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Fifield v. Premier Dealer Services, Inc.

Court of Appeals of Illinois, First District, First Division

June 24, 2013

ERIC D. FIFIELD and ENTERPRISE FINANCIAL GROUP, INC., Plaintiffs and Counter defendants-Appellees,
v.
PREMIER DEALER SERVICES, INC., Defendant and Counter plaintiff-Appellant.

Appeal from the Circuit Court of Cook County. No. 10 CH 9204 Honorable Mary Anne Mason, Judge Presiding.

Presiding Justice Hoffman and Justice Delort concurred in the judgment and opinion.

OPINION

CUNNINGHAM JUSTICE

¶ 1 This appeal arises from a December 20, 2010 order entered by the circuit court of Cook County which granted a motion for declaratory relief filed by plaintiffs and counter defendants-appellees Eric D. Fifield (Fifield) and Enterprise Financial Group, Inc. (EFG) (collectively, Fifield and EFG); and a January 18, 2012 agreed order entered by the circuit court which dismissed with prejudice, all claims not affected by the court's December 20, 2010 order. On appeal, defendant and counter plaintiff-appellant Premier Dealer Services, Inc. (Premier), argues that the trial court erred in granting Fifield and EFG's motion for declaratory relief because the nonsolicitation and noncompetition provisions in Fifield's employment agreement were enforceable under Illinois law. For the following reasons, we affirm the judgment of the circuit court of Cook County.

¶ 2 BACKGROUND

¶ 3 Prior to October 2009, Fifield was employed by Great American Insurance Company (Great American). As an employee of Great American, Fifield was assigned to work exclusively for Premier Dealership Services (PDS), a subsidiary of Great American. PDS was an insurance administrator that marketed finance and insurance products to the automotive industry. In October 2009, Great American sold PDS to Premier. Premier is an Illinois corporation engaged in the business of developing, marketing and administering a variety of vehicle after-market products and programs. As a result of the sale, Great American informed Fifield that his employment would end on October 31, 2009. However, in late October 2009, Premier made an offer of employment to Fifield. As a condition of his employment, Premier required Fifield to sign an "Employee Confidentiality and Inventions Agreement" (the agreement) which included nonsolicitation and noncompetition provisions. The agreement states in pertinent part:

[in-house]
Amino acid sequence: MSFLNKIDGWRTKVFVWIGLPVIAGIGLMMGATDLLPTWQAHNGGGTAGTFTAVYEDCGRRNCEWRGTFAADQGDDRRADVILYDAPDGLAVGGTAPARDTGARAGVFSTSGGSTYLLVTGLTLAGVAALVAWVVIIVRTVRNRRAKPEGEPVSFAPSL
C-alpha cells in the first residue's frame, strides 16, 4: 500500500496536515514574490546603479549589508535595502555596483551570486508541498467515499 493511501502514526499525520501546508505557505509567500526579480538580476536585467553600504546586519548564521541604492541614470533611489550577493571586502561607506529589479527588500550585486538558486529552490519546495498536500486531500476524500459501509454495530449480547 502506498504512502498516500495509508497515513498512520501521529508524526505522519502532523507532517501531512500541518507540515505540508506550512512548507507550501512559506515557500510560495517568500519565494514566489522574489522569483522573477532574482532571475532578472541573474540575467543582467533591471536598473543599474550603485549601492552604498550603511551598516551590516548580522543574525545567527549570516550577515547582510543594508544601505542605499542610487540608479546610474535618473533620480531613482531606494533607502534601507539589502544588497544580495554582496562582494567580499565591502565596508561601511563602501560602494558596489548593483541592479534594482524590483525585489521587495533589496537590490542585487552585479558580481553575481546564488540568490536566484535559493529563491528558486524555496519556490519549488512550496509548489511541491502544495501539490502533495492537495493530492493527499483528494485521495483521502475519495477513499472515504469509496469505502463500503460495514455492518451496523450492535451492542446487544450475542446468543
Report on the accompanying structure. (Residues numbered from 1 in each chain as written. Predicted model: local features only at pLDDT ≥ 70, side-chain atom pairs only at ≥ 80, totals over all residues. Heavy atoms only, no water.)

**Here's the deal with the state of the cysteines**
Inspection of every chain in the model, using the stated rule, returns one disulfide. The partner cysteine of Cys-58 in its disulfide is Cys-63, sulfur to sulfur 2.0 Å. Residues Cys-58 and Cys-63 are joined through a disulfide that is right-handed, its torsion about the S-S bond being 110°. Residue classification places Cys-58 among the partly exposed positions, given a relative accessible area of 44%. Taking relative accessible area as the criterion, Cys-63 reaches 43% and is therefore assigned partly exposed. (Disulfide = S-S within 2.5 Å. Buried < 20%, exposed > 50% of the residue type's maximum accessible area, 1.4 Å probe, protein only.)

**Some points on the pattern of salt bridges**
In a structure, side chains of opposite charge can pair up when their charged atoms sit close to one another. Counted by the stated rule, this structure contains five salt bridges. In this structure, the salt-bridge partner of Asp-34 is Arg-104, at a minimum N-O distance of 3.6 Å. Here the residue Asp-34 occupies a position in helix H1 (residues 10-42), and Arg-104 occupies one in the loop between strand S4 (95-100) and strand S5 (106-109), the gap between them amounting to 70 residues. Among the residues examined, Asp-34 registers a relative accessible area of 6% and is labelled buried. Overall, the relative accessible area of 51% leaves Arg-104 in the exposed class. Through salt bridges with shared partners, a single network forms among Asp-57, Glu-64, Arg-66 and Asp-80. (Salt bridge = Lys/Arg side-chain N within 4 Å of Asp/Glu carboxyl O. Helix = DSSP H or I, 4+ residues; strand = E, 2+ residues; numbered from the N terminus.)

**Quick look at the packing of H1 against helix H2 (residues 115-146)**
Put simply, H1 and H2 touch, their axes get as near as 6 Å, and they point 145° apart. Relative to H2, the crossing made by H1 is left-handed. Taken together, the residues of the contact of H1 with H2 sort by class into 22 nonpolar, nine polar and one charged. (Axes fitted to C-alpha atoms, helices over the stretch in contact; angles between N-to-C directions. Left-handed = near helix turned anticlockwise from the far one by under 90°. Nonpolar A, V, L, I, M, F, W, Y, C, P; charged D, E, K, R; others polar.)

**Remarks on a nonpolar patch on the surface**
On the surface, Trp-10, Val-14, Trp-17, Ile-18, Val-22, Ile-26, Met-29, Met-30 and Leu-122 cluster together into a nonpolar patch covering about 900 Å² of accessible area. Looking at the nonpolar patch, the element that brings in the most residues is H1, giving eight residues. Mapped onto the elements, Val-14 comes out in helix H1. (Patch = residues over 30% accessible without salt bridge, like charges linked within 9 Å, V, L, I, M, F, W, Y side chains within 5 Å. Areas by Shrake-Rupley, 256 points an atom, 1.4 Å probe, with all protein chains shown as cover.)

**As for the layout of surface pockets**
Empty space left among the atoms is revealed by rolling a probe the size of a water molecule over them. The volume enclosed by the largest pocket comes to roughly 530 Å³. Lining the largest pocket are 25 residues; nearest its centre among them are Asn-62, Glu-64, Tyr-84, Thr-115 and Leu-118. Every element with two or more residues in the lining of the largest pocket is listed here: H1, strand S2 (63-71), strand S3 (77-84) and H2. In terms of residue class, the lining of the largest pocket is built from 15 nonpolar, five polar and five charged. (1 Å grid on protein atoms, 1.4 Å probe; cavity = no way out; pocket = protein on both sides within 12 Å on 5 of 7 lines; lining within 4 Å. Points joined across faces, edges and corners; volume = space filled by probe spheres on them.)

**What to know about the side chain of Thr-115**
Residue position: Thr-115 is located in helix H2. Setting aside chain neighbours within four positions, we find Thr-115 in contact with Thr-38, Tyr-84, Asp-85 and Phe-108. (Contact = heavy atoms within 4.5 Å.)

"Employee agrees that for a period of two (2) years from the date Employee's employment terminates for any reason, Employee will not, directly or indirectly, within any of the 50 states of the United States, for the purposes of providing products or services in competition with the Company (i) solicit any customers, dealers, agents, reinsurers, PARCs, and/or producers to cease their relationship with the Company or (ii) interfere with or damage any relationship between the Company and customers, dealers, agents, reinsurers, PARCs, and/or producers or (iii) accept business of any former customers, dealers, agents, reinsurers, PARCs, and/or producers with whom the Company had a business relationship within the previous twelve (12) months prior to Employee's termination."

¶ 4 Before signing the agreement, Fifield negotiated with Premier and the parties agreed to add to the agreement a provision which stated that the nonsolicitation and noncompetition provisions would not apply if Fifield was terminated without cause during the first year of his employment (the first-year provision). Fifield accepted Premier's offer of employment, and signed the agreement on October 30, 2009. Fifield began his employment at Premier on November 1, 2009. On February 1, 2010, Fifield informed Premier that he was resigning and that his employment would end in two weeks. On February 12, 2010, Fifield resigned from his position with Premier. Shortly thereafter, Fifield began working for EFG.